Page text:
Need Help Using FamilySearch More Effectively?

FamilySearch is free online genealogical website and database dedicated to 'connecting families across generations.' There is a ...

15 February 2016

Joseph Geissler: Tragedy in Prairie

Death of Carl Geissler of Prairie, Franklin County, Ohio


In previous posts, we followed the origins of Joseph Geißler from his origins in Baden to his arrival in Franklin County, Ohio. His marriage to Caroline Mack to the birth of a son and becoming a naturalized citizen. I ended the last post with the birth of his second son and a hint that tragedy would soon strike. Today, the eluded to story is revealed.


Sometime between Henry's birth in May 1859 and Carl's birth date in November, tragedy struck. According to the obituary recorded in German at the St. James Lutheran Church, the toddler Carl drowned on the family property in Prairie Township.i

“Fresh and in good health he [Carl] arrived a a newly-dug well, about noon, not far from the home. The well had not been encased but just covered with boards. The child slipped between the boards, fell into the well and drowned at noon...
 
It was a hard blow for the parents but at the same time a good and healing lesson for them and all other parents, that they not only with all their care watch over their children but at the same time not allow the children to be at such dangerous places at their own free will. And that they teach them about God's watch and protection of the holy angels. 
The child brought it's life to not quite two years. May our dear God be kind and merciful to the bereaved parents and grant them as well as all of us a safe and happy following.”

This obituary isn't the kindest toward the parents about the tragic drowning of their son. Again, it's believed this happened after the birth of Henry. Thus, Caroline may have been tending the infant while her older son scampered away. Her husband was apparently working to improve the property by digging a well, thus enabling them to have fresh water closer to their home. As the event happened around noon, perhaps Joseph took a break from the labor and covered up the work. Or perhaps he had dug it in prior days and had covered up the well until he could finish that project. Could he be tending other tasks associating with farming and not know where his son was.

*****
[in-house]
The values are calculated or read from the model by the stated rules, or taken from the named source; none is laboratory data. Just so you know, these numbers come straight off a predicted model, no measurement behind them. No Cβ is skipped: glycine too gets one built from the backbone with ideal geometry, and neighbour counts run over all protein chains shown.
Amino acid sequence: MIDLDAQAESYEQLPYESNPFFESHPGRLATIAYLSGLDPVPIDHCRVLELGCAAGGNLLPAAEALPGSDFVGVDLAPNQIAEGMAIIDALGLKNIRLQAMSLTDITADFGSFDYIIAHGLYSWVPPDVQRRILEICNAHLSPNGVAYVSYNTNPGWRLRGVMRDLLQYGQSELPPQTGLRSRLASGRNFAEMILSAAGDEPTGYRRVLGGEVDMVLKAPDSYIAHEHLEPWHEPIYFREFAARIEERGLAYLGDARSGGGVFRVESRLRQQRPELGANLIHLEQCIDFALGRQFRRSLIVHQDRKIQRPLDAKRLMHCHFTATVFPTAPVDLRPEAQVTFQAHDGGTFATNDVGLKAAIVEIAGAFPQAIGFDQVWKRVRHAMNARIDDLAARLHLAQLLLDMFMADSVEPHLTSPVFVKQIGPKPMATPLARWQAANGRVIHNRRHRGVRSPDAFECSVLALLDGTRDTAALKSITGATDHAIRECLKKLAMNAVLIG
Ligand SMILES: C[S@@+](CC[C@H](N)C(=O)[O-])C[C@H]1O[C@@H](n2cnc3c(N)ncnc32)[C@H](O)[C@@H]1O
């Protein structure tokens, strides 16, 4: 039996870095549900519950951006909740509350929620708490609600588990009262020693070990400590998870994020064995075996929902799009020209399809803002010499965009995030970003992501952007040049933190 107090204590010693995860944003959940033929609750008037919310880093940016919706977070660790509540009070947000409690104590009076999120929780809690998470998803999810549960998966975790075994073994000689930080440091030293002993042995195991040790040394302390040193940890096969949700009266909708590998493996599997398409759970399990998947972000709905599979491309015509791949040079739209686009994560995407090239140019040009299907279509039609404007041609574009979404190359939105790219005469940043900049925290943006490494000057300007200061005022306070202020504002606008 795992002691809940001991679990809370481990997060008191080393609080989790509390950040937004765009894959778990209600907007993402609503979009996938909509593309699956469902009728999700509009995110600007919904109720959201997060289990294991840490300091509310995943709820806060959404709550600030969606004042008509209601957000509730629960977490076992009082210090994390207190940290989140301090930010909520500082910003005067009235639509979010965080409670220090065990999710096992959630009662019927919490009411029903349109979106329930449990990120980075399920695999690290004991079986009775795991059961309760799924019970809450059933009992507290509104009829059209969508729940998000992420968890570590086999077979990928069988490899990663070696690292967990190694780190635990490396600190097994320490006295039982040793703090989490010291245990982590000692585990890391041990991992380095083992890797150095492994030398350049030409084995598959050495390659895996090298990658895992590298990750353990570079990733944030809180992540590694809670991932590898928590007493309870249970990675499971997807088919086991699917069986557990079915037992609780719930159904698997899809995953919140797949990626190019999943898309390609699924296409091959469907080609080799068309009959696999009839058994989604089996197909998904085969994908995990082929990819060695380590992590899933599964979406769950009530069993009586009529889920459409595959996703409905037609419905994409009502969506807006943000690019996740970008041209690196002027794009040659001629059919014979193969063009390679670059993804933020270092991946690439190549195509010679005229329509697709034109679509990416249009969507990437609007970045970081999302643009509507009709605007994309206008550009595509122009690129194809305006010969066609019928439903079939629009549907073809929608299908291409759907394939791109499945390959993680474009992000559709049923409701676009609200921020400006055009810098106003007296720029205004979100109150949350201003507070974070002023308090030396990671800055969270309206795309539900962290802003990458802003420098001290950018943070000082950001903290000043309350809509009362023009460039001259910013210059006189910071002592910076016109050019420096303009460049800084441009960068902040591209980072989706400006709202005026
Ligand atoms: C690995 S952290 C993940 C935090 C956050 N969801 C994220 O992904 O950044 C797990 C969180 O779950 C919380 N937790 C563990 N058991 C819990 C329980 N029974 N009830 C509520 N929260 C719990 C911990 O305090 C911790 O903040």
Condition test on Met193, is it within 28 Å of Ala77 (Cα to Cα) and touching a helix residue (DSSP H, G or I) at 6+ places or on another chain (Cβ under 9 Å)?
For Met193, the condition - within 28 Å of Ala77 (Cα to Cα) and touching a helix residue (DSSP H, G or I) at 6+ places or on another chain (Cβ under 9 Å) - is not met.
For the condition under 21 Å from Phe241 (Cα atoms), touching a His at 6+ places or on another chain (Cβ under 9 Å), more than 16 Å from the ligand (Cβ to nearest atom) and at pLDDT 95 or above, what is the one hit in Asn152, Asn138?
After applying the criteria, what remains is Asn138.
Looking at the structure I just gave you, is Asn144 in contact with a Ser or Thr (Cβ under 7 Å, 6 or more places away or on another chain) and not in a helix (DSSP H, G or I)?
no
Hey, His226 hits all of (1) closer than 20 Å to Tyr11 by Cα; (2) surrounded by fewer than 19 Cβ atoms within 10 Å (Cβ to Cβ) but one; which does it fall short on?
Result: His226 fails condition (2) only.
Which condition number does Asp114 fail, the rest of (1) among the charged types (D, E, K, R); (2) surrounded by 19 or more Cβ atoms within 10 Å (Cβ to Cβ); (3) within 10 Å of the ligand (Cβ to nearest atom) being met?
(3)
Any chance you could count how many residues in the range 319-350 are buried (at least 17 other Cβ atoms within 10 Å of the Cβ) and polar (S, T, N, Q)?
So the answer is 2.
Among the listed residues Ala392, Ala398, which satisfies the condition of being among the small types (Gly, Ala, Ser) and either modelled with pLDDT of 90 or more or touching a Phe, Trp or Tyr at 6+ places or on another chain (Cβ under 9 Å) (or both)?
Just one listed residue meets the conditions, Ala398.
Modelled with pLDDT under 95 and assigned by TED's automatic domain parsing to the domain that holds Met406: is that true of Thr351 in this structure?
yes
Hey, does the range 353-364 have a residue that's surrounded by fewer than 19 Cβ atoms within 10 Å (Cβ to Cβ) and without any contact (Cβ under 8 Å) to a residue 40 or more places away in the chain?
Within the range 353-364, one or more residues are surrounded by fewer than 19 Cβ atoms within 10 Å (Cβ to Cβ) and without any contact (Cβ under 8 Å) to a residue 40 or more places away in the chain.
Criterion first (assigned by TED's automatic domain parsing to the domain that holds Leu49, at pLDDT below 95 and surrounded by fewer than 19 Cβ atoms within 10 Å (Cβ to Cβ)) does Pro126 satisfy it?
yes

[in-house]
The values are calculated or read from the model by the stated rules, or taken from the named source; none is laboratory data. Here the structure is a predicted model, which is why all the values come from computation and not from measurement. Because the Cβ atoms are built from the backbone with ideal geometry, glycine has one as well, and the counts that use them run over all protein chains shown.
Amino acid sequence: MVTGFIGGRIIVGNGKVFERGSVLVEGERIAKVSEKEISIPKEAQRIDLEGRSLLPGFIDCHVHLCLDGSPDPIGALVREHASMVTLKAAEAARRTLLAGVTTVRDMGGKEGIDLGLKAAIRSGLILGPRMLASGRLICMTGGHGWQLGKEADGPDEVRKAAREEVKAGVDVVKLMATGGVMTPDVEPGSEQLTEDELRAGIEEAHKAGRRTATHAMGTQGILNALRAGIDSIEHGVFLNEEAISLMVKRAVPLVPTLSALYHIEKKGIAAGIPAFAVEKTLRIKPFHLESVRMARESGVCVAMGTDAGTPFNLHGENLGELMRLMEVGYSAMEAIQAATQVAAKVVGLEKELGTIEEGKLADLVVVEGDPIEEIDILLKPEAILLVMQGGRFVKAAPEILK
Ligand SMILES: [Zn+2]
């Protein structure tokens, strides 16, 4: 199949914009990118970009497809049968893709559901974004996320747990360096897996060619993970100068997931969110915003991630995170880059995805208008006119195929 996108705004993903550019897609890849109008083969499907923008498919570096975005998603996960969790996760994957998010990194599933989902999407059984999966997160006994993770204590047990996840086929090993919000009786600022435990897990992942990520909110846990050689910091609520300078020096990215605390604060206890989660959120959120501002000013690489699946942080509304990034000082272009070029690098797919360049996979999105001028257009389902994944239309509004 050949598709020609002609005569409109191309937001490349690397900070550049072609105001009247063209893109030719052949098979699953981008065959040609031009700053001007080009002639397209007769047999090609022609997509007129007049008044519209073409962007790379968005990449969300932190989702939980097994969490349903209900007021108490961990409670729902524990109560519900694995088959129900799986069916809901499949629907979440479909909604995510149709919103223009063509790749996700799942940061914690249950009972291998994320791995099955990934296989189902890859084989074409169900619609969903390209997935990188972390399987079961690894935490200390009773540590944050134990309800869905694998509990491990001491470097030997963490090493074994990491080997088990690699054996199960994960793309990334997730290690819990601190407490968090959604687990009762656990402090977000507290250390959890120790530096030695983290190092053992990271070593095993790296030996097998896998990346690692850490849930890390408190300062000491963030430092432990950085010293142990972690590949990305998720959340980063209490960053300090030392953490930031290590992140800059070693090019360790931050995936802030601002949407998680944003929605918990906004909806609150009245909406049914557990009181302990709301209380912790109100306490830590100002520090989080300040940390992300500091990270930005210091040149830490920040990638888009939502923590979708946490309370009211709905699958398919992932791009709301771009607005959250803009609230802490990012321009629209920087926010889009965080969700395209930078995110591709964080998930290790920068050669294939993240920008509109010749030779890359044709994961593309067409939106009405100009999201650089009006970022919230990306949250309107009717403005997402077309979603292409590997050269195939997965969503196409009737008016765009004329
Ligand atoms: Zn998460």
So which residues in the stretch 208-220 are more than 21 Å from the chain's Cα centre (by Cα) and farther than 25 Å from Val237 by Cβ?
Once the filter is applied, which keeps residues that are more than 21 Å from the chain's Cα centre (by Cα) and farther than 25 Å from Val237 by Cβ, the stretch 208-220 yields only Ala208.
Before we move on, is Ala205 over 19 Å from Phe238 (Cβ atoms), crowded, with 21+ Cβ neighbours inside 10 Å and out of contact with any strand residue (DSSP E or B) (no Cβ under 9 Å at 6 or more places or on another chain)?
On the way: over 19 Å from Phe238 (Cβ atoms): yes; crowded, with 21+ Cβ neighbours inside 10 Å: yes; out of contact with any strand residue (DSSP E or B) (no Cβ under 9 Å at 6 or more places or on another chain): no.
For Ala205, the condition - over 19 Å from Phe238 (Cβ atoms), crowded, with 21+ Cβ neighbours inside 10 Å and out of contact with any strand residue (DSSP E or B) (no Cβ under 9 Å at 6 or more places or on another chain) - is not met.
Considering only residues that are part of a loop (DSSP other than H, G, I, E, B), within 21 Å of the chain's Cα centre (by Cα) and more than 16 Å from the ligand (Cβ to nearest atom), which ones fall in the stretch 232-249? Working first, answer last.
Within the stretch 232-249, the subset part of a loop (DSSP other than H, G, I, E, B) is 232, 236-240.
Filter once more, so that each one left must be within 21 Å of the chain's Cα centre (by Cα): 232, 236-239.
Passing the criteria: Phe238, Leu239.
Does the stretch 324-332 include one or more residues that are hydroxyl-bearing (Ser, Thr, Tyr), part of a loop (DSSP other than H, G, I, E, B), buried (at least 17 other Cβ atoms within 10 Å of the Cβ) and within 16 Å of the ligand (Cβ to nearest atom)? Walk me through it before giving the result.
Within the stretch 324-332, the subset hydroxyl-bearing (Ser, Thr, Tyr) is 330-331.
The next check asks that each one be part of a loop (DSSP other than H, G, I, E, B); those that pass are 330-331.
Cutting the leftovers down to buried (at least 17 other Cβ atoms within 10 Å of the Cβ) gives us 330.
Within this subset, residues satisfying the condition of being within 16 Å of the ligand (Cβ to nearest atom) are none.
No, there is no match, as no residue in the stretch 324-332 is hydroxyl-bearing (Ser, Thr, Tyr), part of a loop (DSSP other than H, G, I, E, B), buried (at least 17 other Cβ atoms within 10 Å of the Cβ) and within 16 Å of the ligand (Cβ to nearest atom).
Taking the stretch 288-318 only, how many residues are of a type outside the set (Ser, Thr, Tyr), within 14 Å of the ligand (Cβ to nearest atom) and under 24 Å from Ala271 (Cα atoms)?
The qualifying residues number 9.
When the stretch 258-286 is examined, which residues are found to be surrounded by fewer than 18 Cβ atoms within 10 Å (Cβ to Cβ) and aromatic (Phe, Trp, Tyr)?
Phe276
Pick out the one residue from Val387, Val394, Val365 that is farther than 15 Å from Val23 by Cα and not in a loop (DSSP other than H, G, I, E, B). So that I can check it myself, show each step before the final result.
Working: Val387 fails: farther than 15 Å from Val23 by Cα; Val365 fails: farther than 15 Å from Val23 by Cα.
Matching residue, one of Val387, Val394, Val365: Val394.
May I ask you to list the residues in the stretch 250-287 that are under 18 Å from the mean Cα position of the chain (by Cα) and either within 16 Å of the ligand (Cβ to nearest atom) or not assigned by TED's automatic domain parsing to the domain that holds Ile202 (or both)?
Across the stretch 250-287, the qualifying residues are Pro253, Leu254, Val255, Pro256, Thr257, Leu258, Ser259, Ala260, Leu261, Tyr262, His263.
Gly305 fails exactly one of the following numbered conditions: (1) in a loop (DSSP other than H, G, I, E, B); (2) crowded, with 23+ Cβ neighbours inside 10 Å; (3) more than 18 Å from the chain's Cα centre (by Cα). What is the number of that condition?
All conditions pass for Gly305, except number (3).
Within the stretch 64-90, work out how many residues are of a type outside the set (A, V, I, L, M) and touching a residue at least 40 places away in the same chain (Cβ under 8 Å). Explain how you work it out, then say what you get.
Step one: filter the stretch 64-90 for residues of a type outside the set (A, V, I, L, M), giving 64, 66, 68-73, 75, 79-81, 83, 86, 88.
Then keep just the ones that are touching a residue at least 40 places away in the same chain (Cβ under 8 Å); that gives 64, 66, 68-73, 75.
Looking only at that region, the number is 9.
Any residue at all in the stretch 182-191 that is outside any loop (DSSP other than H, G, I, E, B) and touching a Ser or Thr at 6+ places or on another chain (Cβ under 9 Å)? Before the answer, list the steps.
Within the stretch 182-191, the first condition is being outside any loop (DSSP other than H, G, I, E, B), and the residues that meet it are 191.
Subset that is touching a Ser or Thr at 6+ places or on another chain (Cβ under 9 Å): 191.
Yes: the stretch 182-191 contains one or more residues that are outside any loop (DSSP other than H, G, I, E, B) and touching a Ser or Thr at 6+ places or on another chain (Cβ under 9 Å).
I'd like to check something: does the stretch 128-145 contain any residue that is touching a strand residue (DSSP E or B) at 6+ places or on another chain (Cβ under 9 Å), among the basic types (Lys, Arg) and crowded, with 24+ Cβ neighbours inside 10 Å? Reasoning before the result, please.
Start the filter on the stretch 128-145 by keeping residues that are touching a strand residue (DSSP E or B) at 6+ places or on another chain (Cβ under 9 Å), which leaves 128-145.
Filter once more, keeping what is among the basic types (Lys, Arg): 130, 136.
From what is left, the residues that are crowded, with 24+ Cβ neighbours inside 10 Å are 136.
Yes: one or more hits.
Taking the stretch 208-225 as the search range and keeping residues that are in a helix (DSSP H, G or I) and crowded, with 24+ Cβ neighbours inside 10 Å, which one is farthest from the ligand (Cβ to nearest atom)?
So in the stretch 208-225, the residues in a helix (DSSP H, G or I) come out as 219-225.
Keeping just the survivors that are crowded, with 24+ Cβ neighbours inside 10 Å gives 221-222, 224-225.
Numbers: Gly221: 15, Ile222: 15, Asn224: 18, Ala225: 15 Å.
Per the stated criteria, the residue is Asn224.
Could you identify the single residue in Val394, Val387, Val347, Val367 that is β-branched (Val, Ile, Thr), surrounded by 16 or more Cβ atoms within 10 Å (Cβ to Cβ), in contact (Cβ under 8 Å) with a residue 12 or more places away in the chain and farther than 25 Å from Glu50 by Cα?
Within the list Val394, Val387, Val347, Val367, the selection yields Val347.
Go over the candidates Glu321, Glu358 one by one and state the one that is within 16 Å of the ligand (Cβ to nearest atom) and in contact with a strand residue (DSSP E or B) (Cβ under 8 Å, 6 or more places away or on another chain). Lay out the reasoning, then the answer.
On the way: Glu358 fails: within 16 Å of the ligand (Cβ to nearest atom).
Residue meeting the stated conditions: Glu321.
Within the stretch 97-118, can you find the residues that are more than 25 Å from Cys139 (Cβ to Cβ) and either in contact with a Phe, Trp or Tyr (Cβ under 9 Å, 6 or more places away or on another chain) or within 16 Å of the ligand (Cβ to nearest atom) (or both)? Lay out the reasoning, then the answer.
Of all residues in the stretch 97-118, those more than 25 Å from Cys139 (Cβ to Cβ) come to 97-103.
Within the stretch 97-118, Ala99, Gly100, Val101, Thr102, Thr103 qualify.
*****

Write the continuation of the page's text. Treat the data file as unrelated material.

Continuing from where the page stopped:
Once can only imagine the scene and who made the discovery. One can also imagine the pain and the second guessing these young parents in their early twenties went through. Then, one can only wonder how that changed their parenting style. Did Caroline become paranoid about her son Henry leaving her sight? How did Joseph respond? And with a public obituary serving as an example to other parents to keep a better watch on their kids, or they'll drown like the Geizler boy, how could that affect their standing in the community? How would that affect their church participation?

Read on to see how the Geißler are impacted by Another Land in Crisis.

Previous Posts about Joseph:
Birth and Baden
Coming to America
Planting Roots in Prairie
An American Father

Next Posts in the series about Joseph:
Another Land in Crisis
Gone Too Soon

Additional Posts about Joseph:
Can You Help Find the David Kinnaird Diary?
Surname Saturday - Geiszler Family

One of my ultimate goals of this series is to compile these posts into a printed book and share it with a family history archive. If you find grammar or spelling errors, please let me know. If you have suggestions or ideas on how I can improve this piece, share them as well. You can leave the comments below or send me an email using the form in my sidebar. Thanks for reading and helping me improve this history so my children may know.



Sources:
i. St James Lutheran Church. “Lebenslauf.” 5660 Trabue Road, Columbus, Ohio. Transliterated and Transcribed by Else Bügge-Wood. , Obituary 11,  Carl Geissler, died 1859

No comments:

Post a Comment